One of the latest trends gripping apologist Americans is the “Fair Trade” movement whereby they basically agree to pay more money for a good or service (Fair Trade Coffee is one of the more popular categories) than what it’s actually worth. In doing so, the story goes, these higher margins ensure better working conditions for workers in foreign countries, more sustainable process which are less damaging to the environment, etc. Following the numerous stories about abuses in garment factories and in the fields around the world, this seems like a noble cause. The problem is, in aggregate, it’s a farce. It doesn’t really make the world a better place net-net and it actually harms more people than it helps. Here’s how, using Fair Trade Coffee as an example:
There are numerous coffee plantations around the world. Some are larger than others, some have better connections than others. Some end up getting the Fair Trade designation while others do not. The certification process is costly for owners, so many choose not to pursue it, or don’t have the means to. In a given country, let’s consider a few plantations that get the designation and a few that don’t. The Fair Trade certified farms end up with increased demand, must increase their output as a result, and achieve increased margins of course. While this is great for the farms that do, what about the farms that didn’t (after all, not everyone can get this designation or it loses its appeal as a differentiation). The workers and owners of the existing farms that kept doing business as usual are harmed in numerous ways. First off, they see declining demand as it shifts to the Fair Trade farms. That in turn puts pressure on their margins. Conceivably, this translates into even worse conditions or joblessness for their existing employees. See, when small farms in the US are crowded out by the major players and the small mom-and-pop hardware stores are put out of business by Walmart, Americans cry foul. When it’s small farms in the third world? Americans feel good about purportedly making the world a better place. If they only knew.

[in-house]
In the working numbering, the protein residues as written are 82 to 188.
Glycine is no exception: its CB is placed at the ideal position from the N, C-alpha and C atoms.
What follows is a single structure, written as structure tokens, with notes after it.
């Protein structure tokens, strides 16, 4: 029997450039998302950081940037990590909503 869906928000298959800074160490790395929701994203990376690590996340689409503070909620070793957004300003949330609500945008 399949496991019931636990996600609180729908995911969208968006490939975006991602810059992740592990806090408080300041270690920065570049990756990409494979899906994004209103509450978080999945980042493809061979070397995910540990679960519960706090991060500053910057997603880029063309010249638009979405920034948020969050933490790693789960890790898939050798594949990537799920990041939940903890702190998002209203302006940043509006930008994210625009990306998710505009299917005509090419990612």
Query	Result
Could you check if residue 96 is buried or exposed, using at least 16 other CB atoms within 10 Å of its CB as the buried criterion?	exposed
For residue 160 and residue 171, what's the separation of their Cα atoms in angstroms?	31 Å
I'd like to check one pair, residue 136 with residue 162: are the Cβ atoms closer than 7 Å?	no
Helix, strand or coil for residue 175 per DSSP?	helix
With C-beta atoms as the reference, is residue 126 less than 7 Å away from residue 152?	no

Then, let’s consider the local economy. By increasing both the output and the pricing of Fair Trade goods in-country, now the local cost of this commodity is increased substantially. In effect, it acts as a tax on the citizens of the country (so we can feel good). Then, there are the numerous other problems we shouldn’t be surprised by – corruption, false claims of the Fair Trade label when not certified, the fact that middle income countries benefit much more than poor countries (by looking at where the volume is), failure to actually monitor standards after certification, etc. In many cases, it’s a sham.
Don’t forget, Fair Trade USA gets plenty of revenue from fees derived by certifying the Billions of dollars in goods certified each year. So they definitely have a horse in the race. My biggest problem with some of these movements isn’t that people don’t mean well. It’s that their efforts are not effective and they’ve convinced the public that they are. This has cost, policy and human implications.
Spread the word, by paying more for Fair Trade, you’re not making the world a better place.
Disclosure: I actually buy Newman’s Own Coffee which has the Fair Trade label. I happen to like the flavor and they have good marketing which reeled me in initially before I research this topic. Just wanted to share that.
If you enjoyed this criticism of Fair Trade, check out the rest of my criticism section for similar themes.
What Are Your Thoughts on Fair Trade?